Wellness Words April 2018

Wellness Words April 2018

HealthLink Littauer’sAlicia DeRuscio-Head


Submitted by Alicia DeRuscio, B.S.

Community Education Assistant


April Is National Humor Month

Is laughter really the best medicine? According to the American Heart Association, humor and laughing can actually help protect against developing heart disease!

Research from the American Heart Association suggests that laughter can: 

Decrease stress hormones – Laughing has been shown to decrease the stress hormone “cortisol” in your body.

Reduce stress and anxiety – By decreasing your stress hormones, laughing relieves feelings of stress and anxiety.

Reduce inflammation in the arteries – Laughing makes your blood vessels dilate, increases the amount of oxygen pumped through your body and reduces inflammation.

Increase HDL or “good” cholesterol levels – Research suggests laughter can help improve your cholesterol.

When you laugh, you can’t help but feel good and what’s even better – the AHA says the effects of laughing can last up to 24 hours!


The Cancer Treatment Centers of America claim that humor has both therapeutic and restorative effects on the body. 

They even use “laughter therapy” as a natural medicine for their patients. Laughter therapy is the use of humor to promote overall health and wellness.

By using this type of therapy, the Center’s staff can help relieve the physical and emotional stressors of their patients, and aid their healing process.

According to studies at the Cancer Treatment Centers of America, laughter can:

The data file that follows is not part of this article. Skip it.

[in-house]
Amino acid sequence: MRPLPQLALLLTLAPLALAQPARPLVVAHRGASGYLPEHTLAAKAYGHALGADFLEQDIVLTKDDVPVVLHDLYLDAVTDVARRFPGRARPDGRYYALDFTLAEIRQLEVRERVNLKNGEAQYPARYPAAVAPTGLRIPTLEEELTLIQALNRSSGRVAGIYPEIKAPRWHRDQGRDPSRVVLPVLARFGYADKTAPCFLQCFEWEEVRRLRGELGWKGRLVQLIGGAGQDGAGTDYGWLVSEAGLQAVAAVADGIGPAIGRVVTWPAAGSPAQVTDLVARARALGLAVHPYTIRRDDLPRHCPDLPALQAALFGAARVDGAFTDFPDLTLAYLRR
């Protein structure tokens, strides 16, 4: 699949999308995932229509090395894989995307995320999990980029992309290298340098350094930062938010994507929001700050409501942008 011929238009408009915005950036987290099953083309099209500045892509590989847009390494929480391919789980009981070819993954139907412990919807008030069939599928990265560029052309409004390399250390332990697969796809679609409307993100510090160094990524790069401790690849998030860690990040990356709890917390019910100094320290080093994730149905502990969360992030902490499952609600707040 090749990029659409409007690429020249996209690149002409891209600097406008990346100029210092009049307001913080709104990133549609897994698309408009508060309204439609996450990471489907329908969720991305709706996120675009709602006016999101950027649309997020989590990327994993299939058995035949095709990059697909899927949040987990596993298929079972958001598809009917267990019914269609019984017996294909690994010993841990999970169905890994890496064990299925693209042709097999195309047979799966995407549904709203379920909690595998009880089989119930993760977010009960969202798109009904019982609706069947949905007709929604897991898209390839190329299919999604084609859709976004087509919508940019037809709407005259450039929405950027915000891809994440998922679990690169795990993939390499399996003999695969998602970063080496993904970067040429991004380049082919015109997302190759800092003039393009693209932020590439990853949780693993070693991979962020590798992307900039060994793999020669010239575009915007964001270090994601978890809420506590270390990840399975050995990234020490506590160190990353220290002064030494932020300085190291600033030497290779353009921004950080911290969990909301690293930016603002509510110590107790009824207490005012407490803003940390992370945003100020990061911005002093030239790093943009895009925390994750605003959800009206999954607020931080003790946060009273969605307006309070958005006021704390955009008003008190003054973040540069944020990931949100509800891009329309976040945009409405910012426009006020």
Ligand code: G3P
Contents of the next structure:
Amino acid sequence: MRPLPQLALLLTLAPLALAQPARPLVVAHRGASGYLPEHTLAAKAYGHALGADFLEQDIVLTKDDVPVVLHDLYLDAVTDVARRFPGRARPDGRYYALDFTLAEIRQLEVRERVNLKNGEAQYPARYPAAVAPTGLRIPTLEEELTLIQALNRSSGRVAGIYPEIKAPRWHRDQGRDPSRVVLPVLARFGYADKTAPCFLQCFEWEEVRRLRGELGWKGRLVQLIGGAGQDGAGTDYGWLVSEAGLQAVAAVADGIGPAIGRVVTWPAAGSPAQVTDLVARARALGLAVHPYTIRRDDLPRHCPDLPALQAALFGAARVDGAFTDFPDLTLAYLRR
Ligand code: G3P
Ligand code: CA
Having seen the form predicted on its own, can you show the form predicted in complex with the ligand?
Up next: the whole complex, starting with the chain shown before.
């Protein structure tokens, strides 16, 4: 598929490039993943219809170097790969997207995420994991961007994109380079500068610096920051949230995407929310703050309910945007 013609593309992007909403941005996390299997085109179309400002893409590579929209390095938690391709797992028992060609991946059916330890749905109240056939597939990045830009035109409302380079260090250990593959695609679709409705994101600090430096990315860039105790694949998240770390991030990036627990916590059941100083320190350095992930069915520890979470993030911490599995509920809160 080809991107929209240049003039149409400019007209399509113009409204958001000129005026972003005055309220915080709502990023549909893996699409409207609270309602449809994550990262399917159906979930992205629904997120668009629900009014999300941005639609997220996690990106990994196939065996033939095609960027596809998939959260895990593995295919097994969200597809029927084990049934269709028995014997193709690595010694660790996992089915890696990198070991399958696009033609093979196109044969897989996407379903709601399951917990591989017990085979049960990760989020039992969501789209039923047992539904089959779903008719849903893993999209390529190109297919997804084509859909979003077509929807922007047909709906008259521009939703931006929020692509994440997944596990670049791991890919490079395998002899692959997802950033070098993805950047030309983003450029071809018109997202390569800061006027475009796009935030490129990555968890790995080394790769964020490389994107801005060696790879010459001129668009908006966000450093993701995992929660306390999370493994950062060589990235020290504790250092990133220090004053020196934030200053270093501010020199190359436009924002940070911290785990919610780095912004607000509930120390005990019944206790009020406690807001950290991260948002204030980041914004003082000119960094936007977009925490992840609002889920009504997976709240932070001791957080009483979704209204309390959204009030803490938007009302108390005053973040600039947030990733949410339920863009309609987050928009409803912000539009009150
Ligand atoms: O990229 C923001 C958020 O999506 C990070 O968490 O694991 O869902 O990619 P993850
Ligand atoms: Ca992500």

• Stimulate the heart and lungs
  • Relax the muscles throughout the body
  • Trigger the release of endorphins or “feel-good” hormones
  • Ease digestion and soothe stomach pains
  • Improve mental function
  • Promote relaxation
  • Improve sleep
  • Enhance quality of life


So, what are you waiting for? Do your mind, body, and soul a favor by adding some humor to your life with these simple tips:

  1. Smile – Laughter always begins with a smile, and smiling is contagious!
  2. Be thankful – Make a list of all the positive things in your life and avoid negative thoughts as these act as a barrier to laughter.
  3. Make laughter a part of YOUR day – If you’re around others that are laughing, chances are that you’ll be laughing, too!

For more information on healthy humor, call HealthLink Littauer at 518-736-1120, email us at healthlink@nlh.org or visit our wellness center on 2 Colonial Court in downtown Johnstown.  We’re your community health & wellness service of Nathan Littauer Hospital and Nursing Home.

Nathan Littauer in the news: Plan ahead to reduce stress

Published in the Daily Gazette April 5, 2014

Q & A: Plan ahead to reduce stress, health educator says

Photo of
Community health educator Wendy Chirieleison says one way to reduce stress is to stay away from computer screens. (Courtesy Healthlink Littauer)

Relax — that’s one word of advice that community health educator Wendy Chirieleison can offer to reduce stress.

Chirieleison will offer other advice to free people from personal pressure cookers on Tuesday, April 15, as she presents “50 Ways to Reduce Stress.” Two one-hour lectures, sponsored by HealthLink Littauer — Nathan Littauer’s Hospital’s wellness education and resource center — will be held at the Fulton County YWCA at 11:30 a.m. and 6:30 p.m. The YWCA is at 213 Harrison St. Extension, Johnstown.

People interested in attending either of the lectures are asked to call HealthLink at 736-1120.

Q: Can you tell that people in our community are under assorted stresses these days?

A: I think you can see people are looking tired, looking a little bit frantic when they’re working and carrying out daily activities. People can be a little short-tempered at times . . . I think it’s a combination of family, not having enough time, high demands at work, not getting enough sleep, not getting enough exercise, not eating well, not getting the fruits and vegetables and water that we need to maintain a healthy balance.